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The Emergence of Ethanol Sector in Brazil and in the US – The Role of the State. Allan Dahl Andersen, Ph.D. Student, Department of Business Studies, Aalborg University. Outline. Initial considerations Paper presentation Methodology Theory Brazil The US Results

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the emergence of ethanol sector in brazil and in the us the role of the state
The Emergence of Ethanol Sector in Brazil and in the US – The Role of the State
  • Allan Dahl Andersen, Ph.D. Student, Department of Business Studies, Aalborg University
outline
Outline
  • Initial considerations
  • Paper presentation
    • Methodology
    • Theory
    • Brazil
    • The US
    • Results
  • Decription of research Project
initial considerations
Initial Considerations
  • Demand is for Ethanol will surge
    • Japan (20-30), Canada (10-10), EU (5.75-10), US (28 bill. Lt. used p.a.)
    • Climate change, GHG emissions, Kyoto, Urban air pollution
  • Supply?
    • 1st generation technology: available arable land, strong photo synthesis, low cost of land and labor  developing countries
  • Main research question:
    • What are the potentials for poor countries to benefit from the up-coming
    • market for bio-ethanol as both producers and users?
a first step international experiences
A First Step – International Experiences
  • Idea to compare two largest producers world wide – US and Brazil
  • What made these sectors emerge and what made them ”succesful”?
  • What was the Role of the State?
  • A few words on ethanol as fuel
    • Feedstock specific + energy balance + “green fuel”?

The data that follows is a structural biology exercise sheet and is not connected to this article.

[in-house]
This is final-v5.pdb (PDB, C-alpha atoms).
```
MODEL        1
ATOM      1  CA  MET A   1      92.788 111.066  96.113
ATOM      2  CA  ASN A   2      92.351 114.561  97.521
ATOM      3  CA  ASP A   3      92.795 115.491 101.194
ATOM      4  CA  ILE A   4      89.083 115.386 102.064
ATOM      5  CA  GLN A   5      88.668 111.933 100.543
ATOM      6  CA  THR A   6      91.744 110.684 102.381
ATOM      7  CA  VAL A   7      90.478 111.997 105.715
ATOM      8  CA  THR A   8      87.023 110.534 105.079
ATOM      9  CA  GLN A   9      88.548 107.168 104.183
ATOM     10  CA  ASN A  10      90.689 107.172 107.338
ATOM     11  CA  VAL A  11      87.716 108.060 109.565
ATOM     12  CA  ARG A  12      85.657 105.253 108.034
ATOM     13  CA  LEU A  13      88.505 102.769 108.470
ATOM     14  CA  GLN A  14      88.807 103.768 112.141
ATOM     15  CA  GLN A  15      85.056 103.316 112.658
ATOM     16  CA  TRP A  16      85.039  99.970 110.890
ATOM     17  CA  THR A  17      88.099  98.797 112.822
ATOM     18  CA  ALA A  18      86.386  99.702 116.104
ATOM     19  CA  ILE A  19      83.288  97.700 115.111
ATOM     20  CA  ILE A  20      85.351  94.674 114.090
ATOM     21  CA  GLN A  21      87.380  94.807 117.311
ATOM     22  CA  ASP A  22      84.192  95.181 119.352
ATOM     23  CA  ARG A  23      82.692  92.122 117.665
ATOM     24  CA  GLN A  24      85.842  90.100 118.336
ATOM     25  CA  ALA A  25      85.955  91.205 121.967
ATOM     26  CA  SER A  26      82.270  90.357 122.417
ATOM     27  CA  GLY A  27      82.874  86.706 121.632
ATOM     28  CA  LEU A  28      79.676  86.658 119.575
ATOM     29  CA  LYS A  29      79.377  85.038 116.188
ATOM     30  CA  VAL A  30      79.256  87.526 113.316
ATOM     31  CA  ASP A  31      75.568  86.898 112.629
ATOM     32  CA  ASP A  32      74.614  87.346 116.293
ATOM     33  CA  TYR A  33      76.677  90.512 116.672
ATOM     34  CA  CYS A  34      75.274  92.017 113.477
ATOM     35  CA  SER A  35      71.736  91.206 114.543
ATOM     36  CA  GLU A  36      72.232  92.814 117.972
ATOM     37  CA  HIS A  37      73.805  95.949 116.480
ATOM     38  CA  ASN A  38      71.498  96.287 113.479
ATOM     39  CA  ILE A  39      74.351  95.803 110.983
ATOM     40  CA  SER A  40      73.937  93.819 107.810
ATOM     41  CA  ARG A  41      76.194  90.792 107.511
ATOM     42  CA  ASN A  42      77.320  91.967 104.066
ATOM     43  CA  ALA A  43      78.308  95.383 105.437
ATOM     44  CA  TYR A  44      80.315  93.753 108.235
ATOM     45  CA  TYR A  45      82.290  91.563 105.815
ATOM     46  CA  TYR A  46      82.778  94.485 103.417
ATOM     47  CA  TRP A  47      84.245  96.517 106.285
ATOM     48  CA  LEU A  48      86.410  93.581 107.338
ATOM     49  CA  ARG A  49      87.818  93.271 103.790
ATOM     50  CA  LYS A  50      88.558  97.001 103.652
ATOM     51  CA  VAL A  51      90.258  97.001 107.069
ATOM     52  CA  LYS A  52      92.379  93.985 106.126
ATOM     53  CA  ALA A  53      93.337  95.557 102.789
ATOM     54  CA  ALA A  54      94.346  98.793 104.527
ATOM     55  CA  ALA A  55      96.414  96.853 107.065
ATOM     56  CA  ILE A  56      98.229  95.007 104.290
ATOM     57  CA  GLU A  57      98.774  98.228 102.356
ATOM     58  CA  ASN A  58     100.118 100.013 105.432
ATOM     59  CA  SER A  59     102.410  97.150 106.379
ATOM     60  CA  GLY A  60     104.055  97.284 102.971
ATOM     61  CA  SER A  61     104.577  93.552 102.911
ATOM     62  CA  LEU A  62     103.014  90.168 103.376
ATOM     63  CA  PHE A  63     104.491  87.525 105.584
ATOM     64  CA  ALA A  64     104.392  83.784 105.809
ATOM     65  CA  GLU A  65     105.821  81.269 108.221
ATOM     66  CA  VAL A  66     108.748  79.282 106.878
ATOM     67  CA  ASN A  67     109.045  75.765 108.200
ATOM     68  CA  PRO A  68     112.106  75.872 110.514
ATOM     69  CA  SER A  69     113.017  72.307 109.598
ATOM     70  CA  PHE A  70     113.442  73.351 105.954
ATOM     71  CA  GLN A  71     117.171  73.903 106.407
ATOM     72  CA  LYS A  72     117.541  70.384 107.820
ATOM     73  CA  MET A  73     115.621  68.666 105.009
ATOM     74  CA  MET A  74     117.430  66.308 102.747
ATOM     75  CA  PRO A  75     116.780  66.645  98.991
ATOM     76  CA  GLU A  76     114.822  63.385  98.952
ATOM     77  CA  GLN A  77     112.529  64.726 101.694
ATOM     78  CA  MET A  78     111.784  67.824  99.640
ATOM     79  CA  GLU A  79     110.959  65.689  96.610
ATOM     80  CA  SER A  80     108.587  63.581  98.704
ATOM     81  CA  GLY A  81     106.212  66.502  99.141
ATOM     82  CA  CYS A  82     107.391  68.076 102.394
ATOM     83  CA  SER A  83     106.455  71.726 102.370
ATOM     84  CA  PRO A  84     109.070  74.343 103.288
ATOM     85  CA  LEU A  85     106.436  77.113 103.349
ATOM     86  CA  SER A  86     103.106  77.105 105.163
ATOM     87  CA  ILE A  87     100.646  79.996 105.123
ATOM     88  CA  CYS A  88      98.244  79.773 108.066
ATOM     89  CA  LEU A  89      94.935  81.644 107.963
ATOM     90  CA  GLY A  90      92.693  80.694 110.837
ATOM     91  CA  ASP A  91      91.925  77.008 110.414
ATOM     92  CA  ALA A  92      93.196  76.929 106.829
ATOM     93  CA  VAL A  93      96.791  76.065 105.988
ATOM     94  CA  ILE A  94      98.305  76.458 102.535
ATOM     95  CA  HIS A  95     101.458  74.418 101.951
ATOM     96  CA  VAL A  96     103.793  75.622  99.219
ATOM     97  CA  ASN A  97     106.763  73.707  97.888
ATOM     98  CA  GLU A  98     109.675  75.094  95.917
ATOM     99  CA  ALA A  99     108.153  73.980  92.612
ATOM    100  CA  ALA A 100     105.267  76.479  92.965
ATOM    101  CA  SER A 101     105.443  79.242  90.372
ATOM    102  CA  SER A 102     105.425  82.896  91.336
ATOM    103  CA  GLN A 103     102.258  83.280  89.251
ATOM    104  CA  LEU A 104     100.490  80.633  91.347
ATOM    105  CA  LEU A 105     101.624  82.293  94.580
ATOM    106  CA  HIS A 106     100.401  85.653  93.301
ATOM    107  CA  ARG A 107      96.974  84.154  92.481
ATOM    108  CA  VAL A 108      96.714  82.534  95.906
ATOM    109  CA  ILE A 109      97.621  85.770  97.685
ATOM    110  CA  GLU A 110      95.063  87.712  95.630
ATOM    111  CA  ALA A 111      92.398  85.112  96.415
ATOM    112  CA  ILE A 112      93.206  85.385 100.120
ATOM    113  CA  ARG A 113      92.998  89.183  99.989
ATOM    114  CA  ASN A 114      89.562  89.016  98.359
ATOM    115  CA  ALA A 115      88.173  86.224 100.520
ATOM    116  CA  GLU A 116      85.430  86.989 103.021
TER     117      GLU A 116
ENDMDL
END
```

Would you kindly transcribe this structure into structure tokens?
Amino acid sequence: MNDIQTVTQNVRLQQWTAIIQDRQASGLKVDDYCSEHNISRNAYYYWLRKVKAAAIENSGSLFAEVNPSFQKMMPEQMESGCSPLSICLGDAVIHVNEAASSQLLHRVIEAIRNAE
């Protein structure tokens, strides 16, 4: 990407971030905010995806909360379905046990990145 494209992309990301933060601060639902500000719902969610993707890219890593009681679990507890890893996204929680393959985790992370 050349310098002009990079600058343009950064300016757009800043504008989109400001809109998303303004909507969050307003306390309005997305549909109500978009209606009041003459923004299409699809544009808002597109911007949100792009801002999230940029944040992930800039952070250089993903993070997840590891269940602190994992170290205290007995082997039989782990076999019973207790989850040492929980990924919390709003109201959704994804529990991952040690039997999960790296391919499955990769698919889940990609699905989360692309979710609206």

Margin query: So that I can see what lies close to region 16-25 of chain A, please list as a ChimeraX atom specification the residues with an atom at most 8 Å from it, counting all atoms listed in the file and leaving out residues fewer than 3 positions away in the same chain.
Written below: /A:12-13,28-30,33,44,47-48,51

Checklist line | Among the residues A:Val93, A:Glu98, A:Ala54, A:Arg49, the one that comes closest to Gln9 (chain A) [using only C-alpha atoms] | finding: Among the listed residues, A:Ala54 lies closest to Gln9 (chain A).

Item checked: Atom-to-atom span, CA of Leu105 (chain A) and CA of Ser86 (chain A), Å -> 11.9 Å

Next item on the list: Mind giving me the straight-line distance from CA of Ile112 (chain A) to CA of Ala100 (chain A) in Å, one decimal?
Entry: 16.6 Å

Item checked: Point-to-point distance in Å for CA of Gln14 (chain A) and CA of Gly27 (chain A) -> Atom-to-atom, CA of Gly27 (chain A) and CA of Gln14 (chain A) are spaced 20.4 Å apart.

• Dependent on oil price
methodology
Methodology
  • Theoretical Focus on public procurement within an Innovation-system approach
  • Empirics consist of literature review including reports, articles and books.
theory
Theory
  • Technology Life Cycle
    • Infant phase: technological opportunities supplied and demand side “chooses”  variety of designs  uncertainty about technology viability, product design and existence of demand (for the firm)
    • Mature phase: few designs emerged as winners, uncertainty less, diffusion
    • Infant  mature, difficult in the absence of demand
  • Private demand may be absent due to risk and costs of early users - sharing firm’s development and learning costs
    • Technology switch, path dependency, user entry cost, network effects
  • Socializing risk: diffusing information, quality standards, financial incentives
theory 2
Theory (2)
  • Public Procurement
    • Defined as a set of public measures to induce innovations and/or speed up diffusion of innovations through increasing the demand for innovations, defining new functional requirements for products and services or better articulating demand (Edler, 2006)
    • When a public agency places an order for a product or a system which does not exist at the time, but which could (probably) be developed within a reasonable period (Edquist et al., 2000)
  • Direct vs. Indirect
  • General vs. Strategic
  • Can be “better” than R&D subsidies
  • Picking winners & generic social needs
brazil 1
Brazil (1)
  • Ethanol production 2005 = 14.5 billion lt. (45% of world production)
  • Ethanol production 2015 = 30 billion lt.
  • Brazil’s ethanol program (Proalcool) was launched in 1975 as a response to the 1973 oil crisis